Practice, practice, practice.

I can’t remember what I had for breakfast, but I can still recite the slogans of radio stations I worked at decades ago. Why? I repeated them hundreds, maybe thousands of times! Whether you’re drafting answers to tough questions for social media or perfecting your spoken “elevator pitch,” practicing the things you use most as an advocate will help you do them more smoothly and effectively. Try practicing into your smartphone video or bouncing things off a friend. You might cringe at first, but soon you’ll be so prepared you may find yourself in demand as an advocate.

Don’t feel obligated to do everything all the time.

Advocacy starts with self-advocacy, and that means knowing when you need a break. You do not have to do all the things all the time.

If someone’s clueless comment on a social media thread is making your blood pressure skyrocket, it’s okay to disengage. If you’re dying to read that new blog post but you’re having a migraine attack, do it later. Some days you may be raring to go, and others you’re wiped out. You might know the perfect thing to say in THIS conversation but have no idea what to do in THAT one.

The expression “your mileage may vary” or YMMV isn’t just about fuel efficiency in cars. I use the acronym YMMV to remind people that everyone’s migraine disease or headache disorder is different, but it applies here, too. Your capacity for advocacy may change daily, even hourly. Accept that and work with it. It’s a marathon, not a sprint.

Call for backup when needed.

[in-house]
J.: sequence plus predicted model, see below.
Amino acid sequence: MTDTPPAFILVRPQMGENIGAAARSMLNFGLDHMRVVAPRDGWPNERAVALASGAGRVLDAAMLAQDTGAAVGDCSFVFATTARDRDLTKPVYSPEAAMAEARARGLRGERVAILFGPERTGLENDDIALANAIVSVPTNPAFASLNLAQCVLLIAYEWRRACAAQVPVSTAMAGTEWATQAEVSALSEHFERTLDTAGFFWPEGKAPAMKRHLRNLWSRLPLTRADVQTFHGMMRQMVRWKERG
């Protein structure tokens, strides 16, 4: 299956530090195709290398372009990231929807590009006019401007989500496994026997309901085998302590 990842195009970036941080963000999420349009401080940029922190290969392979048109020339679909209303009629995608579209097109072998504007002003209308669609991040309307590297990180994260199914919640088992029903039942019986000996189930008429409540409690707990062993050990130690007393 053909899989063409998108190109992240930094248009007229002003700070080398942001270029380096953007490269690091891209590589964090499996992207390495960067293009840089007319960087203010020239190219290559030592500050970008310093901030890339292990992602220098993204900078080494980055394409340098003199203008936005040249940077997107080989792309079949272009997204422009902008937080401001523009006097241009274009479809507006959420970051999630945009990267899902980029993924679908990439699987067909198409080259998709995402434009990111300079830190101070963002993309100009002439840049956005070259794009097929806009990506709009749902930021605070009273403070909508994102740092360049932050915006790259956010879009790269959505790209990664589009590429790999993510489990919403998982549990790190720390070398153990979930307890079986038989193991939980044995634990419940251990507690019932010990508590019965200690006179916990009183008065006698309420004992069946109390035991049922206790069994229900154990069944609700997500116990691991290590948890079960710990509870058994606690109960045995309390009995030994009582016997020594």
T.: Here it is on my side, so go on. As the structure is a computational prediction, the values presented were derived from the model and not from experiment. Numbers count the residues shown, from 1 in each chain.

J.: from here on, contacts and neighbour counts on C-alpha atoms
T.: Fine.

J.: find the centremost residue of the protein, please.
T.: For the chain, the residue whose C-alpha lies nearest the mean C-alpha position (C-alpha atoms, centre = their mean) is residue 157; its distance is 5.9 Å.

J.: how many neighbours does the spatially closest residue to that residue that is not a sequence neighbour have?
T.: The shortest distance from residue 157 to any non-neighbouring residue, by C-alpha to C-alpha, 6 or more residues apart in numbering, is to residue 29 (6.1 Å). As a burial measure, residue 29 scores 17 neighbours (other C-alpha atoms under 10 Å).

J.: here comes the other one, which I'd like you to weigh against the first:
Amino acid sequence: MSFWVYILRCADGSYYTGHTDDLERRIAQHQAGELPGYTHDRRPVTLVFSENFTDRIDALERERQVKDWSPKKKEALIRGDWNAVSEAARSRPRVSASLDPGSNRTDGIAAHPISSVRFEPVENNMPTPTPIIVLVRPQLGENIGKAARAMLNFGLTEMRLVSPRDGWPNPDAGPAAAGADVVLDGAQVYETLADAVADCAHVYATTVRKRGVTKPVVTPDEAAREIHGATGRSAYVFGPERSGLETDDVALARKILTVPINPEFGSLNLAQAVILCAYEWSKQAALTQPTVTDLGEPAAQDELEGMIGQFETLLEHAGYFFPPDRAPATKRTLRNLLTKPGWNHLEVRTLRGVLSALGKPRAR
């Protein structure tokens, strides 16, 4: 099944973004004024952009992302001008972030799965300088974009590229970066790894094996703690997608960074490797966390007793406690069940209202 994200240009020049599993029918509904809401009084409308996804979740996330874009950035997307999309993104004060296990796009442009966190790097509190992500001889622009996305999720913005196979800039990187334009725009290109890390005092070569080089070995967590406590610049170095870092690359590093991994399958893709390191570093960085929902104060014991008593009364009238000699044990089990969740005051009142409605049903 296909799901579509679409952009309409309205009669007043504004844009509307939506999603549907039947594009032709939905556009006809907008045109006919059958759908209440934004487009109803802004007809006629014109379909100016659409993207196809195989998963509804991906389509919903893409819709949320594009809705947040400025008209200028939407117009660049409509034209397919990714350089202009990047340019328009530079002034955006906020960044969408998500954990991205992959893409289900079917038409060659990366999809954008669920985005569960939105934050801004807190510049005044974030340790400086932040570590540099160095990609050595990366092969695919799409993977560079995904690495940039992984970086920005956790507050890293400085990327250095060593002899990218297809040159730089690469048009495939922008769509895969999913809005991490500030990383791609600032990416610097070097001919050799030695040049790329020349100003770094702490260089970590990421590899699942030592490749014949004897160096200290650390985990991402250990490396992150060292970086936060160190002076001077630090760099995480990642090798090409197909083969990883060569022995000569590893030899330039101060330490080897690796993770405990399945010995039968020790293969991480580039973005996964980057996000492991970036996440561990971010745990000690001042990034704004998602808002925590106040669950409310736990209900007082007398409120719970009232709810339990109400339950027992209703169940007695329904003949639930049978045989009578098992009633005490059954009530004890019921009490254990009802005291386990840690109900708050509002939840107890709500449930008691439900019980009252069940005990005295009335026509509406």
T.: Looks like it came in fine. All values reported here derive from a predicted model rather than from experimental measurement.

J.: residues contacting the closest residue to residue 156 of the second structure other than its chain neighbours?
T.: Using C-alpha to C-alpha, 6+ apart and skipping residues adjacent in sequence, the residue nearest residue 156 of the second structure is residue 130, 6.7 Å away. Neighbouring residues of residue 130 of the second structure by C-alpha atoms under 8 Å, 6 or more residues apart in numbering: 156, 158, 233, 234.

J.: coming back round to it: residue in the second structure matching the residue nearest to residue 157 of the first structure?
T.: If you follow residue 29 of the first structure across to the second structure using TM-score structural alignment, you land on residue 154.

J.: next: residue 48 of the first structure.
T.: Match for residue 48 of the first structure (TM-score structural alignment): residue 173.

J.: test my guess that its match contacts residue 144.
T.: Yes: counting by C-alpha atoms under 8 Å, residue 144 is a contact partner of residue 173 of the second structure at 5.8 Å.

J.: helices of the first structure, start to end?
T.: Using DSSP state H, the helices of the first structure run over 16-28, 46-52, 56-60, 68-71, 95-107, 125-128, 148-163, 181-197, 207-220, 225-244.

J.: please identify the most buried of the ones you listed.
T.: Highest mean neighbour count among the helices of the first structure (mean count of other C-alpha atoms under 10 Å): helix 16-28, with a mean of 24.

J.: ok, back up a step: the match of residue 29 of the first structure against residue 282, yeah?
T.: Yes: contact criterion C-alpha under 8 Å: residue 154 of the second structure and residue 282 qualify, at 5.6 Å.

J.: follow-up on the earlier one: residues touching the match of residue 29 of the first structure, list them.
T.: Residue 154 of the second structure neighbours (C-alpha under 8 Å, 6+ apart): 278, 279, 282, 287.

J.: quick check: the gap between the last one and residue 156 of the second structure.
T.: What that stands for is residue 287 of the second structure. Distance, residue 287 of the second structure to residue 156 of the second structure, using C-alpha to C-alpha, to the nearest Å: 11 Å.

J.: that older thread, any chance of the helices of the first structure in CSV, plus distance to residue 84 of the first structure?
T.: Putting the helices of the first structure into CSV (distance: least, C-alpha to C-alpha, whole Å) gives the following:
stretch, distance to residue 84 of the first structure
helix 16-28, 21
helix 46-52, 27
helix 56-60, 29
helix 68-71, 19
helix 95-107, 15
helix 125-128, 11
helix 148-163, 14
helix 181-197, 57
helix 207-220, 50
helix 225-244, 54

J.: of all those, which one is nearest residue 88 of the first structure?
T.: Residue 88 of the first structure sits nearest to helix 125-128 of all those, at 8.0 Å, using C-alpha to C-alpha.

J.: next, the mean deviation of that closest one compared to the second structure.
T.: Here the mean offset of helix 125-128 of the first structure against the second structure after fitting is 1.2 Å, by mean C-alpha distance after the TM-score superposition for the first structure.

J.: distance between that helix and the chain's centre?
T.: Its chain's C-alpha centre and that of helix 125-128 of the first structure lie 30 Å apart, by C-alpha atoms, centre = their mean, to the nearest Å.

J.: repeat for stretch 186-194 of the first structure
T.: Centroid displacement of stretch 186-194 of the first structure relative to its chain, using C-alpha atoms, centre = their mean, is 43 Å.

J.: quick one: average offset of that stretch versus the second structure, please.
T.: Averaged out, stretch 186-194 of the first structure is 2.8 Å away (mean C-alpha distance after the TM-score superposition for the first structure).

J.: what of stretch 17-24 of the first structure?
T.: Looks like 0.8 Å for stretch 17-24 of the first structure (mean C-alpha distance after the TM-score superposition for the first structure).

Maybe you think a certain battle is important, but you’re worn out. Or you don’t have the credentials or experience to counteract stigma or bad information in a certain situation. Or it’s too big an obstacle for you to fight alone. Call for backup!

The patients, professionals, and allies in the headache and migraine community stick together. We support each other’s events, share resources and often tag each other into the bigger battles. We’ve successfully pushed back against problems from “the migraine pose” beauty influencers trend to insurance coverage for treatments–because we did it together. No one of us is as strong as all of us.

Love your squad.

If you’ve made it this far, you probably noticed how much migraine and headache advocates depend on and care about each other.

Migraine disease, cluster headache and other headache disorders rob us of careers, educational opportunities, social support, financial security and more. But they also created a squad of the kindest, toughest, smartest, most compassionate and loyal people I’ve ever met. I’m proud to be part of such a magnificent squad.

Ready to join us? Brush up on your homework, grab your t-shirt and come on in. We’re ready for you!

 

Lisa Smith

by Lisa Smith
Association of Migraine Disorders